The need to impose such a threshold burden upon a criminal defendant is at once manifest. Absent such a requirement, nothing prevents any person accused of a crime from embarking upon "fishing expeditions" into a news media's files. Such rummaging of a newspaper's records cannot be permitted. See Brown v. Commonwealth, supra; State v. St. Peter, supra.

[78 NJ Page 291]

Case law demonstrates that a criminal defendant's Fifth and Sixth Amendment rights will be undermined only if subpoenaed data are relevant, material and necessary to the defense. If the information is irrelevant or immaterial or unnecessary to Jascalevich's defense, or if alternate sources of this information exist, then non-production will not impair his constitutional rights; hence, disclosure cannot be mandated. See Brown v. Commonwealth, supra; State v. St. Peter, supra.

This cause must therefore be remanded for a hearing prior to a decision regarding appellants' obligation to disclose the subpoenaed materials. At this hearing, evidence can be adduced relating to: (1) the applicability of the Media Privilege to the information sought to be obtained by Dr. Jascalevich; (2) the existence of a waiver of that privilege; and (3) the relevance, materiality and necessity of the subpoenaed data to Jascalevich's defense. The latter inquiry will, of course, encompass a determination as to the existence of alternate sources of information. Since the Media Privilege Act prohibits even compelled in camera disclosure, such disclosure should not be ordered, as in Nixon, unless and until Jascalevich has made a threshold showing that the materials are relevant, material and necessary.

The majority suggests that a hearing can be dispensed with, or that its outcome will be foreordained, in every case in which a reporter possesses "considerable knowledge of [a criminal] case." See ante at 278. Such a conclusion nullifies the provisions of the Media Privilege Act. In effect, the majority has ruled that Shield Law protection will be withdrawn from reporters who perform their jobs competently -- that is, those who gain "considerable knowledge" concerning a criminal case. A hearing as to relevance, materiality, and necessity must be conducted in all cases in which the privilege is invoked. Compelled in camera disclosure must be prohibited unless and until the defendant has met his threshold burden in accordance with the procedures to be discussed below.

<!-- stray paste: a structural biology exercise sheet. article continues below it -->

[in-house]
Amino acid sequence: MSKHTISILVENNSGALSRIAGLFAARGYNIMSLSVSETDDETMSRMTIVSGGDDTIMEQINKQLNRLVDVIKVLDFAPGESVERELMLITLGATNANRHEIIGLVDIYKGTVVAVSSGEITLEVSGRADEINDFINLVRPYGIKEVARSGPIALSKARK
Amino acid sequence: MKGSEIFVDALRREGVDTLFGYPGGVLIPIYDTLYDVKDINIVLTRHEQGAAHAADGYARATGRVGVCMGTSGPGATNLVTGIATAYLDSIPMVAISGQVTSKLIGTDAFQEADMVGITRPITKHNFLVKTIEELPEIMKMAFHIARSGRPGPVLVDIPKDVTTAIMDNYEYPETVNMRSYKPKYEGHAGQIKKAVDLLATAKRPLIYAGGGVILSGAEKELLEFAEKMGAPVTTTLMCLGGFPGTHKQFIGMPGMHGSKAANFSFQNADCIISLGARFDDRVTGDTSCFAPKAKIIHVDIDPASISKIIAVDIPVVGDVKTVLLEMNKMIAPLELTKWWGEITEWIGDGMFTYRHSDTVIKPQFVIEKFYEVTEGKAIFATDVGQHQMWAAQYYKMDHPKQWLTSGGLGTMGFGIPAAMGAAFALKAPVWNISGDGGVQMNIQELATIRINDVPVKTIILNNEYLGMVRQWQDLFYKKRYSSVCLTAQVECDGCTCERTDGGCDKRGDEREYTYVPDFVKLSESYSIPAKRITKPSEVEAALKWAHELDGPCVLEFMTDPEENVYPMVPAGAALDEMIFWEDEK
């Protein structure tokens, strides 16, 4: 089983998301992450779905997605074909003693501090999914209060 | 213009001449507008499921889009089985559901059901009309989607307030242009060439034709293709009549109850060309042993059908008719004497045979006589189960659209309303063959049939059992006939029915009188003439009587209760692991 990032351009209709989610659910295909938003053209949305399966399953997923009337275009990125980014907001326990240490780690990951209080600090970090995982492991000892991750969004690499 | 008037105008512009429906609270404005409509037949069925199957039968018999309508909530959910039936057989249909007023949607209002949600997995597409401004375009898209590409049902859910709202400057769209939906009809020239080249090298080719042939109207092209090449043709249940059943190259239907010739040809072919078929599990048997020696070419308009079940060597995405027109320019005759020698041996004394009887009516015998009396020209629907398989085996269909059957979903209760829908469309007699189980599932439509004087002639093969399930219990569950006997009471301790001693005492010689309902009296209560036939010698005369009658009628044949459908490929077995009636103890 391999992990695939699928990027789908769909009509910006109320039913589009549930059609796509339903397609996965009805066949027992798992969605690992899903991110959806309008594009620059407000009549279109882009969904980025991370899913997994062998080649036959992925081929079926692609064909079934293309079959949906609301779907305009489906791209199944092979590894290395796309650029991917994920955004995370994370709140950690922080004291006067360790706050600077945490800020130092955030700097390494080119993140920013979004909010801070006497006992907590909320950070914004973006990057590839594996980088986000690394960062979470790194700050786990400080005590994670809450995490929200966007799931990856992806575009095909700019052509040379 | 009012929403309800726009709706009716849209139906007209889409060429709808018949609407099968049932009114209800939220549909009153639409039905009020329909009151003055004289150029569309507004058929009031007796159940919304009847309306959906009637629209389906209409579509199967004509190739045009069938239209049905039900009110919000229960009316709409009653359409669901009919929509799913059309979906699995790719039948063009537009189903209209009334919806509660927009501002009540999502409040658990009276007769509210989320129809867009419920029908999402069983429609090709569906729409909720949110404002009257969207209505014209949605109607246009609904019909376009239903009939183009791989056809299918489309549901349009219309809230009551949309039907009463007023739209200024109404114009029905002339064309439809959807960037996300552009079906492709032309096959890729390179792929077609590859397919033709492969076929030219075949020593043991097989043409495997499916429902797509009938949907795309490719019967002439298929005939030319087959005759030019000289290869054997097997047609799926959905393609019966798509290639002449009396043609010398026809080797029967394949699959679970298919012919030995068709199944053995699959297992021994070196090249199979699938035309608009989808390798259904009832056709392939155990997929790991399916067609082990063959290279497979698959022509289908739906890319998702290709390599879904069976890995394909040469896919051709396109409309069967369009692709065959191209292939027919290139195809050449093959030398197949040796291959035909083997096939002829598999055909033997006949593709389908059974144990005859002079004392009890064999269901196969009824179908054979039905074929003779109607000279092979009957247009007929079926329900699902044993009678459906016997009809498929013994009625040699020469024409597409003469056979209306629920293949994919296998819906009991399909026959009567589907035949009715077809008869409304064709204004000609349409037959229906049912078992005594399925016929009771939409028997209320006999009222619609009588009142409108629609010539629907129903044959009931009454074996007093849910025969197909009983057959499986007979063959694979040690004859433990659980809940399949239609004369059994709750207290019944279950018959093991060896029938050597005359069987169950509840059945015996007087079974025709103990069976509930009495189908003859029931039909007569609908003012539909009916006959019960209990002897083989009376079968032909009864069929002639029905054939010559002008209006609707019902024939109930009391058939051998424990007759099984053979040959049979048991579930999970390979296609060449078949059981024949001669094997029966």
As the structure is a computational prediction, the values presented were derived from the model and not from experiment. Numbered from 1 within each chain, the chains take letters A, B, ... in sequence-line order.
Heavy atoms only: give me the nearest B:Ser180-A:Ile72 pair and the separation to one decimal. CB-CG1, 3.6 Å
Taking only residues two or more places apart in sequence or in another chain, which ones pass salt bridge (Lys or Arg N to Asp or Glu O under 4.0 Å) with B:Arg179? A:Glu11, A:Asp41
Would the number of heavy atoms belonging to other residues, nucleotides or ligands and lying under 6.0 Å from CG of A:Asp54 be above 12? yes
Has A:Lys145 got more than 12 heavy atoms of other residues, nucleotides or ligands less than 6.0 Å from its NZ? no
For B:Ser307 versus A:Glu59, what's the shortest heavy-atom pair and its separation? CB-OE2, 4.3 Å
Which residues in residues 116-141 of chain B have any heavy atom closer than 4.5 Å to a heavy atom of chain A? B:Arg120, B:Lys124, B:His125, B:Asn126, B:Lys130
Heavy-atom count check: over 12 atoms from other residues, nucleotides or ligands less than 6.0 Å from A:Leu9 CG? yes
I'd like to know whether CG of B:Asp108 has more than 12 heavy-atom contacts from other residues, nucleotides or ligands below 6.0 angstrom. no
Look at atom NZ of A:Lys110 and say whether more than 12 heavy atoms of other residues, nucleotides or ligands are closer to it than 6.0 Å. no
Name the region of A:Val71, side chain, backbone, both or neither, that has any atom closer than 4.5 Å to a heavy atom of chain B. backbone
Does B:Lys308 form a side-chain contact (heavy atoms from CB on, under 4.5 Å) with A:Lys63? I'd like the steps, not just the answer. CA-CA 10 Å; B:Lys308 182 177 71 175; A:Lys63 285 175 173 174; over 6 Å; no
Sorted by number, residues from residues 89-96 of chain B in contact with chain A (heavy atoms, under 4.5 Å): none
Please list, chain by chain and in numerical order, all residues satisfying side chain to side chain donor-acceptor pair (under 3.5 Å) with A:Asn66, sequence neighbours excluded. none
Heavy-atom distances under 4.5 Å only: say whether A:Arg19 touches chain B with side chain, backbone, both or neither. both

[78 NJ Page 292]

Those procedures -- which will apply to all who may be similarly situated -- should be as follows:

(1) The person claiming the privilege should be required to make a prima facie showing that he is a newsperson and that he obtained the subpoenaed materials in the course of his newsgathering duties. This is subject to rebuttal by Dr. Jascalevich; Jascalevich may also show waiver of the privilege.

(2) If the judge finds that the privilege is arguably applicable, then the burden should shift to Dr. Jascalevich to make a threshold showing (a) that the data are relevant, material and necessary to his defense and (b) that no less intrusive means of gaining the information are extant. This showing must demonstrate what the materials are expected to show with sufficient specificity to allow the trial judge to make an independent judgment thereon. Appellants Farber and the Times should then be given an opportunity to rebut Jascalevich's showing. If the judge finds that any or all of the requested data are irrelevant, unnecessary or immaterial, he must quash the subpoena as to such materials.

(3) If the judge finds that Jascalevich has made a threshold showing with respect to any of the subpoenaed materials, he should order these materials -- and only these materials -- produced for in camera inspection. In order that appellants' rights be infringed to the least extent possible, appellants should be permitted to delete the names of informants and any other identificational indicia during this stage of the proceedings.